Storytelling

Hair Envy

Many years ago, one of my coworkers at the office got hair implants. He was just a couple years older than I was and, at the time, we were both in our early thirties. We would often chat about our common maladies of marriage, fatherhood, and working for the man. While we chatted, he stared at my hair. I am certain of this because we were the same height, and I could see his eyes focus above mine. It slowly dawned on me that he was envious.

Envy is one of those troubling emotions. Once it gets started, it’s hard to stop. It may even be one of the deadly sins, and if it’s not, it’s probably a makes-you-really-sick sin, like when a nagging cough turns into bronchitis that won’t go away, and bothers you for months. Envy is one of the sins that hurts yourself more than others, at least at first; and so it was with my coworker who stared at my hair. I wonder if there is a way that envy can be made useful?

The way he stared at my hair informed me about how women feel when I stare at their breasts (Actually, I’m more of an ankle man, so if I bend over to pick up a penny, it’s not for the money, if you know what I mean.) But I’m not envious of women for their breasts. I’m merely lustful. Well, I’m actually just horny in those moments. Had I somehow conspired to play with the breasts and get a much closer look at the ankles, I’d be lustful. Very few people would accuse me of that sin.

I was careful back then to not stare at his hair implants. I would steal glances at those poor bastards, those lonely soldiers standing guard on the vast wasteland above his forehead. They were transferred from the back of his head, or from his back, or (worst of all) his backside. They all looked miserable and unhappy with their post, like the infrantymen assigned to protect Alaska from a Siberian invasion that was never going to come. No woman would ever run her hands through that field of transplanted ass hair, so why should they even stand at attention. And there would never be any relief from their duty, or even a friend. Maybe, on a dare, a woman might run her hand over the tips to experience the tactile sensations. “How shall I compare thee to a Fuller Brush,” she might say, but that woman would never take hold of those misplaced follicles to get a good grip and move that head where she wanted it, if you know what I mean (over the sink to do the dishes). So why should those lonely soldiers remain at their post? Why not desert your post?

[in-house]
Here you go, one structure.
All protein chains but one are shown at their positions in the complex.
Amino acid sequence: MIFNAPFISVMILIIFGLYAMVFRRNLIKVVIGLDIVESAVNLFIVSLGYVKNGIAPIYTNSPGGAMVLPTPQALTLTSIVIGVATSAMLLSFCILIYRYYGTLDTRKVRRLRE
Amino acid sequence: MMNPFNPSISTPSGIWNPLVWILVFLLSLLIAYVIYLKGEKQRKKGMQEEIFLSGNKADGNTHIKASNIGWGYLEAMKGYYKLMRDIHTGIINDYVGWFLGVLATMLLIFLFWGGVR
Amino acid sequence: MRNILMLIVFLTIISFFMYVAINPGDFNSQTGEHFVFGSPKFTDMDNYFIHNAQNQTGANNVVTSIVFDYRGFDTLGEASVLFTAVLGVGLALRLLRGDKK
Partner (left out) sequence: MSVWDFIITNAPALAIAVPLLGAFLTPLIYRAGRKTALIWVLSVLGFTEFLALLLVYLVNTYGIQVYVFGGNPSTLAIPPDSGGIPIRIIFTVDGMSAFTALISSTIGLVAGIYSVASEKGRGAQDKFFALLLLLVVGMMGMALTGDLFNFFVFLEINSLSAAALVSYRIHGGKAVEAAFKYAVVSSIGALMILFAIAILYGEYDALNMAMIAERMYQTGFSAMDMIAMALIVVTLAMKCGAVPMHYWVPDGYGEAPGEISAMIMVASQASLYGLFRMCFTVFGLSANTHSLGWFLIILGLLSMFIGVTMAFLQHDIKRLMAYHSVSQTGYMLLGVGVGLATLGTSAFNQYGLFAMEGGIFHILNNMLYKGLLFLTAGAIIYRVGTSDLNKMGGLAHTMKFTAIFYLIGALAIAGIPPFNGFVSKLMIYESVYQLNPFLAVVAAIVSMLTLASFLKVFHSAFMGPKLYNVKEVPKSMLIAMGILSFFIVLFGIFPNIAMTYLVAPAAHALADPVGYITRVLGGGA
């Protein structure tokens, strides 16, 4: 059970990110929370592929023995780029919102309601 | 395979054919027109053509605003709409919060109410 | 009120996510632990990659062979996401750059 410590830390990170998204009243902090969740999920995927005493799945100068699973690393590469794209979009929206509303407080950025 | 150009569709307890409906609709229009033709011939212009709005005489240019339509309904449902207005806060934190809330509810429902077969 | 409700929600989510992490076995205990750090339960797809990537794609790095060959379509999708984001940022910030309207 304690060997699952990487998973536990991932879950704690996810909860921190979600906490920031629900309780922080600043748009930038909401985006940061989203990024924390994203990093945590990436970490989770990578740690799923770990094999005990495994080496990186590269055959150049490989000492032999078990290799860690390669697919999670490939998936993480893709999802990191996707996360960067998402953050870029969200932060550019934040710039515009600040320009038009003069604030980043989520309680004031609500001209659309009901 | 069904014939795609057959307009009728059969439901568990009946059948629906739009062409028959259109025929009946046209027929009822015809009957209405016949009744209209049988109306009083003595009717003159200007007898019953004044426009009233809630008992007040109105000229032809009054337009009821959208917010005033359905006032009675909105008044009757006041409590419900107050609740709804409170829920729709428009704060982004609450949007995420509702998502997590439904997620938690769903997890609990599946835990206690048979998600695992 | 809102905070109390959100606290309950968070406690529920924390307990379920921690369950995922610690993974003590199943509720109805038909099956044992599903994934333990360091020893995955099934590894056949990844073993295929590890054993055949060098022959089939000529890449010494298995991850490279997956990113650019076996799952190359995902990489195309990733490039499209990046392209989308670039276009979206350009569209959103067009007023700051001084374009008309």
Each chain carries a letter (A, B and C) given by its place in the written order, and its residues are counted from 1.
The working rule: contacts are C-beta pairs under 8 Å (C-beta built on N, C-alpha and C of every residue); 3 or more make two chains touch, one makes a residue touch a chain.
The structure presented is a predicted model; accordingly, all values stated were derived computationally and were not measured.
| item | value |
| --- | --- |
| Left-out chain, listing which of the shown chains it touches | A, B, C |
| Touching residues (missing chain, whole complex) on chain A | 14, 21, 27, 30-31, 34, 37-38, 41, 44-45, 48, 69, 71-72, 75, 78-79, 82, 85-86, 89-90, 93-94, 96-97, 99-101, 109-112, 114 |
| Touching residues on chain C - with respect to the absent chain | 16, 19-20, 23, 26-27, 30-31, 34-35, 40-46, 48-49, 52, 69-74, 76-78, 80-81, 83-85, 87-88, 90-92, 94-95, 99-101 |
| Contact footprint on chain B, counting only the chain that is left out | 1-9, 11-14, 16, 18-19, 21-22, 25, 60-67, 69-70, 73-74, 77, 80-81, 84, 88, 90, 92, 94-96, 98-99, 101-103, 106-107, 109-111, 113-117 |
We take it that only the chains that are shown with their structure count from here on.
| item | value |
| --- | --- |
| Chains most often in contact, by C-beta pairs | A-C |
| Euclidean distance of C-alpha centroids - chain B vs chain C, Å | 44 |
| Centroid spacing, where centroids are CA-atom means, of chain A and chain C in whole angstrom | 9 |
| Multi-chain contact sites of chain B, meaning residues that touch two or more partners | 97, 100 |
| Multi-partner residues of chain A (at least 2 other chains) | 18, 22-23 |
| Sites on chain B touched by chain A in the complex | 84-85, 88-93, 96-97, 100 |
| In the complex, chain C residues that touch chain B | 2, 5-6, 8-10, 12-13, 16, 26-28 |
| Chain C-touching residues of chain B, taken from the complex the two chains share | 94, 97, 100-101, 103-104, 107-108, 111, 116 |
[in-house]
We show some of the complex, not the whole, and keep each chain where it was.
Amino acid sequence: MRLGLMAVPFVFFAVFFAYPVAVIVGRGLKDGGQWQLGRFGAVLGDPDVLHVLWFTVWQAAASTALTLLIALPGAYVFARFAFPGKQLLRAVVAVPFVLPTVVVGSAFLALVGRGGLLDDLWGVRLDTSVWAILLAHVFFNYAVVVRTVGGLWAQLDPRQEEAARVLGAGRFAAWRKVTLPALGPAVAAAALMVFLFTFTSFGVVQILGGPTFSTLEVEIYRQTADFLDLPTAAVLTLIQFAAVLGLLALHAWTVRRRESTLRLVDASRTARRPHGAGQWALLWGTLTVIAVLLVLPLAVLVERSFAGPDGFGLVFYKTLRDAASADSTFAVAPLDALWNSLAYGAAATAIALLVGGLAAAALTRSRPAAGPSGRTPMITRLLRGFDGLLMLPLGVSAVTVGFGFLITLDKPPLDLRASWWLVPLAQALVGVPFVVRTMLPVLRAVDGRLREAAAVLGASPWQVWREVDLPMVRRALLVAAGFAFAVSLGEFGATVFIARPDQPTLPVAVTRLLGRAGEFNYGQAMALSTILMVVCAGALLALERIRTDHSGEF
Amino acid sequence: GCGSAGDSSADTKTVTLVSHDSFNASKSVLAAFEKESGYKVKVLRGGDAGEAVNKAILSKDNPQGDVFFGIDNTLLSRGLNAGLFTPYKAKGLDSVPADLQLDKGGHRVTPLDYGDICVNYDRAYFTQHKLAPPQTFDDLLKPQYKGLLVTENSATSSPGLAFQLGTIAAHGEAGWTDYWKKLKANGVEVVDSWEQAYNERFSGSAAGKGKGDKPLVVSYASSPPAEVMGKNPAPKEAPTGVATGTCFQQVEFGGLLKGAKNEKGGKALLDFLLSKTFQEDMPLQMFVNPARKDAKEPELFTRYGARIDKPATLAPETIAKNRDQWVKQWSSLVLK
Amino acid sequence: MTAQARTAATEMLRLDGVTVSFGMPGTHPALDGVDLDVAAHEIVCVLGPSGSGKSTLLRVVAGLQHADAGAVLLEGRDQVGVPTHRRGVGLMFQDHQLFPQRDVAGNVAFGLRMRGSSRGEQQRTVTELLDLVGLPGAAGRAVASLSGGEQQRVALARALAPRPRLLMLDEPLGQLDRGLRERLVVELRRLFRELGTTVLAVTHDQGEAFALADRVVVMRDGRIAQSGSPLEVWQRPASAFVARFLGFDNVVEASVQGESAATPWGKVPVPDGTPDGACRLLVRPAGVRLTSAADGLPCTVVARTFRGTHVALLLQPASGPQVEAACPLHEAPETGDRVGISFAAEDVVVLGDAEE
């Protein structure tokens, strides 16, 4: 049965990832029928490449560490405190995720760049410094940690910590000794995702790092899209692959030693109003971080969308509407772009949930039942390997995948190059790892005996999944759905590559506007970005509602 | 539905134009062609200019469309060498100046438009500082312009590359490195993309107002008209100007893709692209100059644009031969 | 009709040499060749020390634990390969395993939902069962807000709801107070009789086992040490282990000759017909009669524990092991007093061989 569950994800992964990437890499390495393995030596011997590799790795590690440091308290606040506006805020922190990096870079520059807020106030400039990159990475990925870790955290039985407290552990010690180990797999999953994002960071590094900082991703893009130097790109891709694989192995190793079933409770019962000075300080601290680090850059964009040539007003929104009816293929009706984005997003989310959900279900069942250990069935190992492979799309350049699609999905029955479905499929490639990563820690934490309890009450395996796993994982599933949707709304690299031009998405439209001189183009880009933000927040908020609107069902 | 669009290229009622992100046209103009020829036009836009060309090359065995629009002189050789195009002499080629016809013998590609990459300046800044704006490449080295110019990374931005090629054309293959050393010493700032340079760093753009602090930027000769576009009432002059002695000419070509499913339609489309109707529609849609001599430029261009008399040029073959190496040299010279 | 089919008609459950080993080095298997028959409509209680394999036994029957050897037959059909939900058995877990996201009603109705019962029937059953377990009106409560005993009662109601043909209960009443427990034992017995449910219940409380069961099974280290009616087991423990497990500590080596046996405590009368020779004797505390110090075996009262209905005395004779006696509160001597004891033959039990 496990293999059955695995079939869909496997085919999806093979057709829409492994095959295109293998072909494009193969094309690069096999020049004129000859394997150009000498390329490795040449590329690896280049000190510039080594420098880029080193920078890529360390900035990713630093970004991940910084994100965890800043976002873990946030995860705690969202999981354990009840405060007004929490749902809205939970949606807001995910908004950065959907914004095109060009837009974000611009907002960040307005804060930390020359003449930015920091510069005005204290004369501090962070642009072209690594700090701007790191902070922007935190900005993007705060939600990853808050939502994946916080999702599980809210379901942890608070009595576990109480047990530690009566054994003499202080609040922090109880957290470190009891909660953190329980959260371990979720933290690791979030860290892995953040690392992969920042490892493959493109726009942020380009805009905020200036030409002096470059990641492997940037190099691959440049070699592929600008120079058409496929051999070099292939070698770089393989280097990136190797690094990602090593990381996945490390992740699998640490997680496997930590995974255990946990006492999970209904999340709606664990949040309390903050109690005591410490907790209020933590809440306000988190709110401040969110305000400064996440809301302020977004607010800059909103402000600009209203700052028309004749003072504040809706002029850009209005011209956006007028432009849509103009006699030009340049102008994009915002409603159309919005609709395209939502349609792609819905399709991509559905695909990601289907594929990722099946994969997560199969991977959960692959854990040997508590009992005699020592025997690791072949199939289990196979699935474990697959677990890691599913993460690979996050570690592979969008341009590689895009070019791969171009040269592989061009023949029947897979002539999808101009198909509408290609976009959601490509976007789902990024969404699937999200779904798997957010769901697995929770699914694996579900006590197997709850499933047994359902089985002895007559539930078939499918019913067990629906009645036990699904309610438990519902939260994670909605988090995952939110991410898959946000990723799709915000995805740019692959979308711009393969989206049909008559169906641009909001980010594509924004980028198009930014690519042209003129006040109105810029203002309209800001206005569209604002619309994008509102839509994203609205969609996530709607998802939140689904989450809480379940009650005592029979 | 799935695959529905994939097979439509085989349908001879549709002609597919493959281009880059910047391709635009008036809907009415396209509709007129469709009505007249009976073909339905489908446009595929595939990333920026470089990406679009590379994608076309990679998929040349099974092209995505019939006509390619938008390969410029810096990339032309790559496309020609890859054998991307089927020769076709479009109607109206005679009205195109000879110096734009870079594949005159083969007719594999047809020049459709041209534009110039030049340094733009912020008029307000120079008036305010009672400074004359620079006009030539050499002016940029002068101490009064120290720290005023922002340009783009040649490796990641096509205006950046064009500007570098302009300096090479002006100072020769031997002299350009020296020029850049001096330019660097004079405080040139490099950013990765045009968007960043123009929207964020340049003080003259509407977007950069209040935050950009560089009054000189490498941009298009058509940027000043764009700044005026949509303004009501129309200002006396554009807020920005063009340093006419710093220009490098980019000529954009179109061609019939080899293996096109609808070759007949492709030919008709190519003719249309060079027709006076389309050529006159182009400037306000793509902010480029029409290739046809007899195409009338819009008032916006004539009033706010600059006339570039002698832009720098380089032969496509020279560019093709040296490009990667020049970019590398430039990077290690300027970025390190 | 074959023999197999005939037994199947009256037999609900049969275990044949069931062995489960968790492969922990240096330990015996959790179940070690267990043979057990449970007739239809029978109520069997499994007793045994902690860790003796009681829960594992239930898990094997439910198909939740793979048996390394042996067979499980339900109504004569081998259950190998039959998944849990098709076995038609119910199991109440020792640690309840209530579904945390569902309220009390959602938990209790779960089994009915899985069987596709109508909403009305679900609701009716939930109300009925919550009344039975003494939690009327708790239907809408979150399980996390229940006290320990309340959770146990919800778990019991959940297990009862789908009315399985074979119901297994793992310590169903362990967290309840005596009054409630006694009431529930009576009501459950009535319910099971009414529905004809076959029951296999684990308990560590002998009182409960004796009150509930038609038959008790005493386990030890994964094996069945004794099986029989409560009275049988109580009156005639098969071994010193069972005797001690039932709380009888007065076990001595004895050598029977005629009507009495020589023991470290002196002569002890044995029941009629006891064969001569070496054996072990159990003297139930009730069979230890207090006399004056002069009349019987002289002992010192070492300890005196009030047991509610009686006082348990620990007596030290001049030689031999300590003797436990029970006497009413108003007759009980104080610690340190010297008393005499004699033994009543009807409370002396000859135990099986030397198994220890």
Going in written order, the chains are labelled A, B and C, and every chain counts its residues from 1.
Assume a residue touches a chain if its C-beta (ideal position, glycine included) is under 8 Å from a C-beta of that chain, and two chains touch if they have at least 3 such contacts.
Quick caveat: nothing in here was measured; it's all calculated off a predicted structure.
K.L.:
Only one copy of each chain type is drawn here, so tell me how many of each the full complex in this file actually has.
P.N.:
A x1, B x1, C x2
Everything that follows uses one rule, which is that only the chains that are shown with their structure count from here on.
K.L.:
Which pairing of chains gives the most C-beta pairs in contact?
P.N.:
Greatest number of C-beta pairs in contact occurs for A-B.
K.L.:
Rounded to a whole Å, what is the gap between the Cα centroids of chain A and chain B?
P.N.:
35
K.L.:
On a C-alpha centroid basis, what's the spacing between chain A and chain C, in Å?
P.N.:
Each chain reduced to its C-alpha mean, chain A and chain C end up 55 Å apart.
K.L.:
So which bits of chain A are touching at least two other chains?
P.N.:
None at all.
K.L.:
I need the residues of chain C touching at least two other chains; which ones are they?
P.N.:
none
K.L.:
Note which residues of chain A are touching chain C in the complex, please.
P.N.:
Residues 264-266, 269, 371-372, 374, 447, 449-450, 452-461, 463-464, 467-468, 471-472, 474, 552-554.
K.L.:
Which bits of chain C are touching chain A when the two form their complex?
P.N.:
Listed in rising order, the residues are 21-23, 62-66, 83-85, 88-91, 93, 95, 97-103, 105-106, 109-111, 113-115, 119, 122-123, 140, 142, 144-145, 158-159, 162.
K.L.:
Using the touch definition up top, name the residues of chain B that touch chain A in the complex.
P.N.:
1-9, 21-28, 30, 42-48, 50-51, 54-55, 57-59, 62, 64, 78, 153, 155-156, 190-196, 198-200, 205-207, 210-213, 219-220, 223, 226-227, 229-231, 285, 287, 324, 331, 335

It has been said that love of money is the root of all evil, but I think a balding man would give away all of his money for a shot at a full and youthful head of hair. It’s vanity that motivates us, that longing for something we don’t have, something we are not. Envy–the outward expression of our own self-loathing–can make us miserable. But can it help us in any way?

If one were somehow in possession of a reasonable self esteem, noticing what others had that we desired might be a useful motivator. We all have unique gifts, and style, and answers to life’s questions; they are the things we carry forward during a lifetime of disappointment. If those disappointments are kept in proper perspective then it is possible to use those first envious stabs to inform us of our desires. We are all flawed regardless of our hair, and will continue to mistakes throughout life. Imperfection is the main ingredient in all humans, like eggs in a torte cake.

Envy cannot be denied. Our sinfulness is one of those baked-in ingredients of our nature. But it can be whipped, sweetened, and baked into a useful shape, like a torte cake. To do so, you have to put your self-esteem in perspective. You have to forgive yourself your humanity, and acknowledge that you will desire much in life that cannot be attained.

For some of us, great hair will remain unattainable. I recently saw a photo of my former coworker. He had posted a headshot on his LinkedIn profile page. He looked directly at the camera with a bright, cheerful smile. He was bald as an egg. The light reflected off of his scalp like a sixteen pound AMF bowling ball fresh out of the ball-cleaning machine. I like to think that he was fine with how things had turned out. He was always a friendly, happy guy. I trust he embraced his baldness, and protected himself from the dangers of envy.